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Propagation News – 14 January 2018

RSGB
January 12, 2018

Last week, we continued to suffer the effects of coronal holes on the Sun, which are very prevalent at this point in the solar cycle. On Wednesday, HF was very lacklustre with little on the bands and 20m closing around 4pm. Having said that, there were pearls to be found. The 6O6O DXpedition to Somalia has been worked by many UK stations on 20 and 15 metres and Japan has been heard on 40 metres.

In midwinter, it can pay to check out 80 metres too. The USA is often romping in on SSB at the top end of the band around sunrise. Even if you have a compromise antenna you may be able to hear the louder stations, such as Mitchell, KH6M in Naples, Florida. Just listen around 3.795MHz for the 80 metre DX nets from 7.00am onwards. Transatlantic signals will start to fade out after sunrise around 8am as the D layer starts to build.

Next week, the solar flux index is predicted to remain around 70, reflecting zero sunspots, but we may get some geomagnetic disturbances due to the ongoing effects of coronal holes. NOAA predicts the K-index may rise to a maximum of four, bringing unsettled conditions this weekend. Unsettled conditions are also predicted for the following weekend of the 20th and 21st, so mid-week may be best for HF. As always, we recommend using tools, such as the International Beacon Network, DX Cluster, or Reverse Beacon Network, to get a real-time snapshot of conditions. Or best of all, get on the bands, tune around and call CQ! Overall, make the most of the low bands—160, 80 and 40 metres—which are at their best this time of year.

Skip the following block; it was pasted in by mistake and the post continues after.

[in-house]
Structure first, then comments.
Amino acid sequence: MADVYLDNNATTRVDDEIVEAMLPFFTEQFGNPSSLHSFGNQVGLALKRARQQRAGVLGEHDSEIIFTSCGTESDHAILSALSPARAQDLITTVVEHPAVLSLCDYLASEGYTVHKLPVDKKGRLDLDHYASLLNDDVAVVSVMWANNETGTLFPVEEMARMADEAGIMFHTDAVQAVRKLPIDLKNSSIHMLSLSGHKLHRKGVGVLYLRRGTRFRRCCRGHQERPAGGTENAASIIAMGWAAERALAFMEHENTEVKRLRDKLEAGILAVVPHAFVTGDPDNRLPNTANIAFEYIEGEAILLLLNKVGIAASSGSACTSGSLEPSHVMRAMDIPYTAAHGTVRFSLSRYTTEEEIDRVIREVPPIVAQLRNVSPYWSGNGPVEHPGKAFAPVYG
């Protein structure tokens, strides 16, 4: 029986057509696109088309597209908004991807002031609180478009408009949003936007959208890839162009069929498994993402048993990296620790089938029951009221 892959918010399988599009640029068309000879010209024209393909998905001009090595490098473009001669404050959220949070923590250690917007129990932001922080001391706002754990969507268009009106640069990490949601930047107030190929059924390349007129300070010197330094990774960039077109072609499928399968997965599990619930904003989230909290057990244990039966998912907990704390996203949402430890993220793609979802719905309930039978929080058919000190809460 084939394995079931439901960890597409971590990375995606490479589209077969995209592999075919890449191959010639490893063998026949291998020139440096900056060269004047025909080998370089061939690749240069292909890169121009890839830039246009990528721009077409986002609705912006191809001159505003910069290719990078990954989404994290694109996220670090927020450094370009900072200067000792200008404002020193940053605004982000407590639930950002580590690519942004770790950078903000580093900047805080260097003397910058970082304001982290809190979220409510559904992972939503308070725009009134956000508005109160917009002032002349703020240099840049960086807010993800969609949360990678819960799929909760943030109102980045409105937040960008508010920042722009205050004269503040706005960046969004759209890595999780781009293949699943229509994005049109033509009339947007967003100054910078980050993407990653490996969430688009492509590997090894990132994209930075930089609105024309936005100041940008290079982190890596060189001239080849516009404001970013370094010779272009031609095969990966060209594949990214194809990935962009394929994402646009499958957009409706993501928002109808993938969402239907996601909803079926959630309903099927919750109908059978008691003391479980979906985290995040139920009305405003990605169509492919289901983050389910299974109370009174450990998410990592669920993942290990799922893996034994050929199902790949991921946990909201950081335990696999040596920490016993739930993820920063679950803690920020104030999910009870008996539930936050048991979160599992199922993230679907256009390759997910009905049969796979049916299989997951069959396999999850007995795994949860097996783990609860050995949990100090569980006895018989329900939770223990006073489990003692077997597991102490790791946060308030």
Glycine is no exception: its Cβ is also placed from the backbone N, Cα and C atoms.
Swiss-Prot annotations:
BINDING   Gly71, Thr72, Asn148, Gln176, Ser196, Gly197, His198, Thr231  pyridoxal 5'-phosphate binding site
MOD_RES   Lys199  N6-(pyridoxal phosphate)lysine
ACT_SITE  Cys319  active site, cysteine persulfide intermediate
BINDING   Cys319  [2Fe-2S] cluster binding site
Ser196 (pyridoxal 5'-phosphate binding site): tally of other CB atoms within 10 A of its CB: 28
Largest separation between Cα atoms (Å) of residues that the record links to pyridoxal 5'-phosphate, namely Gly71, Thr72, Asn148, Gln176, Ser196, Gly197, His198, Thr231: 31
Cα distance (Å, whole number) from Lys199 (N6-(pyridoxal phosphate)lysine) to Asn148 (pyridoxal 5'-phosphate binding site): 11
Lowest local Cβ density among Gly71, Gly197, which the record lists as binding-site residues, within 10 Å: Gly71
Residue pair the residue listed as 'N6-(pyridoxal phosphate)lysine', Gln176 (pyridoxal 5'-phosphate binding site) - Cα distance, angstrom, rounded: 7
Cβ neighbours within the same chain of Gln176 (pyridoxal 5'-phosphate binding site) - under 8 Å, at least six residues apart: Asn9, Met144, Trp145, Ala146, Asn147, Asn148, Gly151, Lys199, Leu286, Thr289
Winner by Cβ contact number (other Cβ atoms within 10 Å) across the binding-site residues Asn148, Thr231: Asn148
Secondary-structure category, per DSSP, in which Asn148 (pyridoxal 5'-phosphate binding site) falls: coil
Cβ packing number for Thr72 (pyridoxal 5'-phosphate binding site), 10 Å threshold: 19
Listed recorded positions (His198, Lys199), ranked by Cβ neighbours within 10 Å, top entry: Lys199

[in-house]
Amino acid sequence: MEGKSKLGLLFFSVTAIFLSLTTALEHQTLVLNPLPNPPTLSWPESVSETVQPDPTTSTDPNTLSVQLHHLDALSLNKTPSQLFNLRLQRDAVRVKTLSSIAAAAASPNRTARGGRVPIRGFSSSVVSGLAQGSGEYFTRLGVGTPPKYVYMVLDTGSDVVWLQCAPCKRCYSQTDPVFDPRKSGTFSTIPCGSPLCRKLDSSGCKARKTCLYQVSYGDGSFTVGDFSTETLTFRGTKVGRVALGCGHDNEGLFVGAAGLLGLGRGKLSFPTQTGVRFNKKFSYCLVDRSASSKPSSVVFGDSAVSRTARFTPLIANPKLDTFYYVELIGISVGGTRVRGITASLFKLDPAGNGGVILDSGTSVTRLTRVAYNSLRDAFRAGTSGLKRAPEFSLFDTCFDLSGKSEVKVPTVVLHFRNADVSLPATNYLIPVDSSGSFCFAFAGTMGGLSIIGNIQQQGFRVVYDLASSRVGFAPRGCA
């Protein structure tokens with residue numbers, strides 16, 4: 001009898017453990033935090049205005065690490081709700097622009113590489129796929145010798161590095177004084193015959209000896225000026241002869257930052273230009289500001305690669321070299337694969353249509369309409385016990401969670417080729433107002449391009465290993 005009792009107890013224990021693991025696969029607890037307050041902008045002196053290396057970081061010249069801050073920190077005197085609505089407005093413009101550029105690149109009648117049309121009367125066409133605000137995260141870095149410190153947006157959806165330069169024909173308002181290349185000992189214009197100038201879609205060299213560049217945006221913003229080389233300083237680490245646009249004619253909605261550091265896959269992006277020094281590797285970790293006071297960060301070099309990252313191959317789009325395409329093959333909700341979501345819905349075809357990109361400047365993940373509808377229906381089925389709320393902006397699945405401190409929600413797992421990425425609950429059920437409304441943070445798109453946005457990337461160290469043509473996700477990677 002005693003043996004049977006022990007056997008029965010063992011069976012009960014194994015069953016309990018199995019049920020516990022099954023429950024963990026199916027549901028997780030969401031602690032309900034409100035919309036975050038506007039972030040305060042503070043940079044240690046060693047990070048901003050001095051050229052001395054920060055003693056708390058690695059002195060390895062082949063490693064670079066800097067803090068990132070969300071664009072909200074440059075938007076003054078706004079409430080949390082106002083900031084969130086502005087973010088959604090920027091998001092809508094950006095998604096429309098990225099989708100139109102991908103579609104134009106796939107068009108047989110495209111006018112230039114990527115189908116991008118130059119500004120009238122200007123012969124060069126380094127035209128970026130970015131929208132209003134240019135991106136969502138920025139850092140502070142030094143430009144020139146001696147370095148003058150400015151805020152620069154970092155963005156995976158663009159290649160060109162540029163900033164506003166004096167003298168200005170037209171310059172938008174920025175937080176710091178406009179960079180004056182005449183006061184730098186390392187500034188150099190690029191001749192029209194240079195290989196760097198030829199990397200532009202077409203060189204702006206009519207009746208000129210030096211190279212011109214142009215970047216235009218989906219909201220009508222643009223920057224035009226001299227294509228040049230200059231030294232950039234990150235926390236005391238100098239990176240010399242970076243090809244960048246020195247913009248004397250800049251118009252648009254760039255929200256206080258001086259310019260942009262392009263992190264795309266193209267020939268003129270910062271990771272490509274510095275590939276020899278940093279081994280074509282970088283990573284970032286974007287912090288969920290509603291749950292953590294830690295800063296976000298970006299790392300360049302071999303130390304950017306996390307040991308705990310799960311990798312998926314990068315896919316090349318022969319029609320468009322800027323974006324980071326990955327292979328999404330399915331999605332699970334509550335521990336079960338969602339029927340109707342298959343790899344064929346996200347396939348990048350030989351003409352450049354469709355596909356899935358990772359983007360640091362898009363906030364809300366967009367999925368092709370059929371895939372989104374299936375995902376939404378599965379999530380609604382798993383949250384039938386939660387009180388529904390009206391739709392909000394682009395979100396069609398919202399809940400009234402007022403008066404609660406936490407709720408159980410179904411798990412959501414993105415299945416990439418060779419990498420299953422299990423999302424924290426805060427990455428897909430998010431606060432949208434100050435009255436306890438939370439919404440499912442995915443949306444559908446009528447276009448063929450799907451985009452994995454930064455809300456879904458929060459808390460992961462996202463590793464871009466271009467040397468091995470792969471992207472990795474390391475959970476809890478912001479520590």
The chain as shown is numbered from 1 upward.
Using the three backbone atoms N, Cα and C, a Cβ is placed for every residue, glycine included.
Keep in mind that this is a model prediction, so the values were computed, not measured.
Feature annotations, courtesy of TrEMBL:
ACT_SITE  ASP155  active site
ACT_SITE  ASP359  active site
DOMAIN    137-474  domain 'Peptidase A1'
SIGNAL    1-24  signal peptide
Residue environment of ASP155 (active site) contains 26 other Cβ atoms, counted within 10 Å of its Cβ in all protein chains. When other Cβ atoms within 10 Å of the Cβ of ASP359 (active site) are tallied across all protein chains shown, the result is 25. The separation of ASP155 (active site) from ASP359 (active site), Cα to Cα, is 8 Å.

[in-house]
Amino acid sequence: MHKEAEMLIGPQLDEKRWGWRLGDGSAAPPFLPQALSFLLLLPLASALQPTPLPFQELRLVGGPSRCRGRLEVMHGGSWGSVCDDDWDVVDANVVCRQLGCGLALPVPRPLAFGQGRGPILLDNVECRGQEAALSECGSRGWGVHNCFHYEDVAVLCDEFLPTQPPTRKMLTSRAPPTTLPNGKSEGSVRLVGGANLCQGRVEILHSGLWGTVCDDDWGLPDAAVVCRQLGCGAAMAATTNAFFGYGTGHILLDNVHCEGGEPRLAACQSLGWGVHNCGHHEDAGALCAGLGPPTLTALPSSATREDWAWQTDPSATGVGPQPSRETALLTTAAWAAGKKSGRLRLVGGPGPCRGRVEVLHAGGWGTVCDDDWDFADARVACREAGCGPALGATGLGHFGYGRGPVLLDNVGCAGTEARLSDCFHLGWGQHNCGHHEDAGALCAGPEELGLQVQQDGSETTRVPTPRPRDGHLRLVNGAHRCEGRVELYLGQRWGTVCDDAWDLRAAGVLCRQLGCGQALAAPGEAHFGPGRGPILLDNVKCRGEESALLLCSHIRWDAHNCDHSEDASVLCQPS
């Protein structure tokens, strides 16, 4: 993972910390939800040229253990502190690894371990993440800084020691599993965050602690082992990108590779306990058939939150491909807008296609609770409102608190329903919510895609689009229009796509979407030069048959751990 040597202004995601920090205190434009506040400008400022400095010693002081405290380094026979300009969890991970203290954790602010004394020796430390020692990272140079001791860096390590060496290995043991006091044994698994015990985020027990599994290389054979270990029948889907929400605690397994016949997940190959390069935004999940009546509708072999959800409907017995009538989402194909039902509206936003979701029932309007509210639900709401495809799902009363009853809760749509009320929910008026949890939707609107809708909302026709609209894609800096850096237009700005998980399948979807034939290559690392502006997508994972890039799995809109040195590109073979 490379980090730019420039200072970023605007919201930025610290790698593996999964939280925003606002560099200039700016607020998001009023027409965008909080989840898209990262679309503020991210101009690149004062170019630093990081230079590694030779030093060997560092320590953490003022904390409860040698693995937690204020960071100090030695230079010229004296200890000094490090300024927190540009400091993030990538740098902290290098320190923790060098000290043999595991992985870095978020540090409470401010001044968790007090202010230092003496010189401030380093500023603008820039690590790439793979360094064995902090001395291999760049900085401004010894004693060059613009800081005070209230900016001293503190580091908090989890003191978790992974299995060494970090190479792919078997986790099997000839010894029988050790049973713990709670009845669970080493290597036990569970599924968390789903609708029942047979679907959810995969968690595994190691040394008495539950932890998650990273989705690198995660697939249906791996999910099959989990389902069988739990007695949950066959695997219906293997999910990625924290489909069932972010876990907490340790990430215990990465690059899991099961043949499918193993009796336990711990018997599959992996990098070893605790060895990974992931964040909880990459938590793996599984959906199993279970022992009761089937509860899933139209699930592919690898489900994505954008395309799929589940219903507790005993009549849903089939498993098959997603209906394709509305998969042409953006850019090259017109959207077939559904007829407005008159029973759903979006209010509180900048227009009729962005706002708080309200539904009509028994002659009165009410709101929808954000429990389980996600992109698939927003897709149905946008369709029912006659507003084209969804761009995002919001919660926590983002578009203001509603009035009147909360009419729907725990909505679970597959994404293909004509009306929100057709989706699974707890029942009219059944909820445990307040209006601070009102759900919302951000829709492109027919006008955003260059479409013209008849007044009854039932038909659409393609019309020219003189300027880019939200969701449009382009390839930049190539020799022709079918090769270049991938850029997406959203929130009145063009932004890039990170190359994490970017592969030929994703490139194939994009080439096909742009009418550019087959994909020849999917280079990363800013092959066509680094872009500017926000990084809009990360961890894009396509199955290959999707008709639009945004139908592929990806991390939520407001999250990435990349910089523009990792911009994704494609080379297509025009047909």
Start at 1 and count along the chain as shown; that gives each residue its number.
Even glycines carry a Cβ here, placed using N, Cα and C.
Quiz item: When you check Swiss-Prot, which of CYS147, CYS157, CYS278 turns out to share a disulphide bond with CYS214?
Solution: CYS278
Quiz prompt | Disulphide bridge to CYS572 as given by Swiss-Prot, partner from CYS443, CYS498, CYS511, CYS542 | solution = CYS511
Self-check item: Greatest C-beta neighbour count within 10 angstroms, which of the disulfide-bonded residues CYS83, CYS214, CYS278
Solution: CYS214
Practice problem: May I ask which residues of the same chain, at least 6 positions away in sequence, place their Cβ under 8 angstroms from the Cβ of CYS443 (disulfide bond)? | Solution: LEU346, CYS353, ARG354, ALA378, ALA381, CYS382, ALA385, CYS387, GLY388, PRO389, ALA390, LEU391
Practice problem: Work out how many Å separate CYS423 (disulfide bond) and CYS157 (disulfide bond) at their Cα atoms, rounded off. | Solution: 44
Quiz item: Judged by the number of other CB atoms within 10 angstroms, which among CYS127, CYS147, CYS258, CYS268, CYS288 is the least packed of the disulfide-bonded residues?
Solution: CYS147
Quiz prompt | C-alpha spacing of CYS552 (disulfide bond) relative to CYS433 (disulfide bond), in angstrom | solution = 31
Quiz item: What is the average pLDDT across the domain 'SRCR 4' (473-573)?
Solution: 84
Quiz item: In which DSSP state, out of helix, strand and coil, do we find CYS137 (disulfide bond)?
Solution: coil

VHF and up:

There has been some tropo over the last week, but the conditions are on the turn again as pressure falls and a cold front crosses the country after this weekend. Any remaining tropo will be gone by Monday evening as the cold front arrives and introduces a cold, showery west to north-westerly across the country.

Much of the coming week will be rather windy with showers, so microwave bands rain scatter, satellites and aircraft scatter at VHF and above should be the modes of choice. There’s still plenty to keep DXers happy!

We are now entering the annual ‘low’ in sporadic meteor activity that lasts until the Lyrids shower at the end of April, so you’ll still need to work hard for meteor scatter contacts.

The Moon is at apogee on Monday and minimum declination on Tuesday, so EME opportunities will be short with low moon elevations and path losses at their highest of this month’s lunar cycle.

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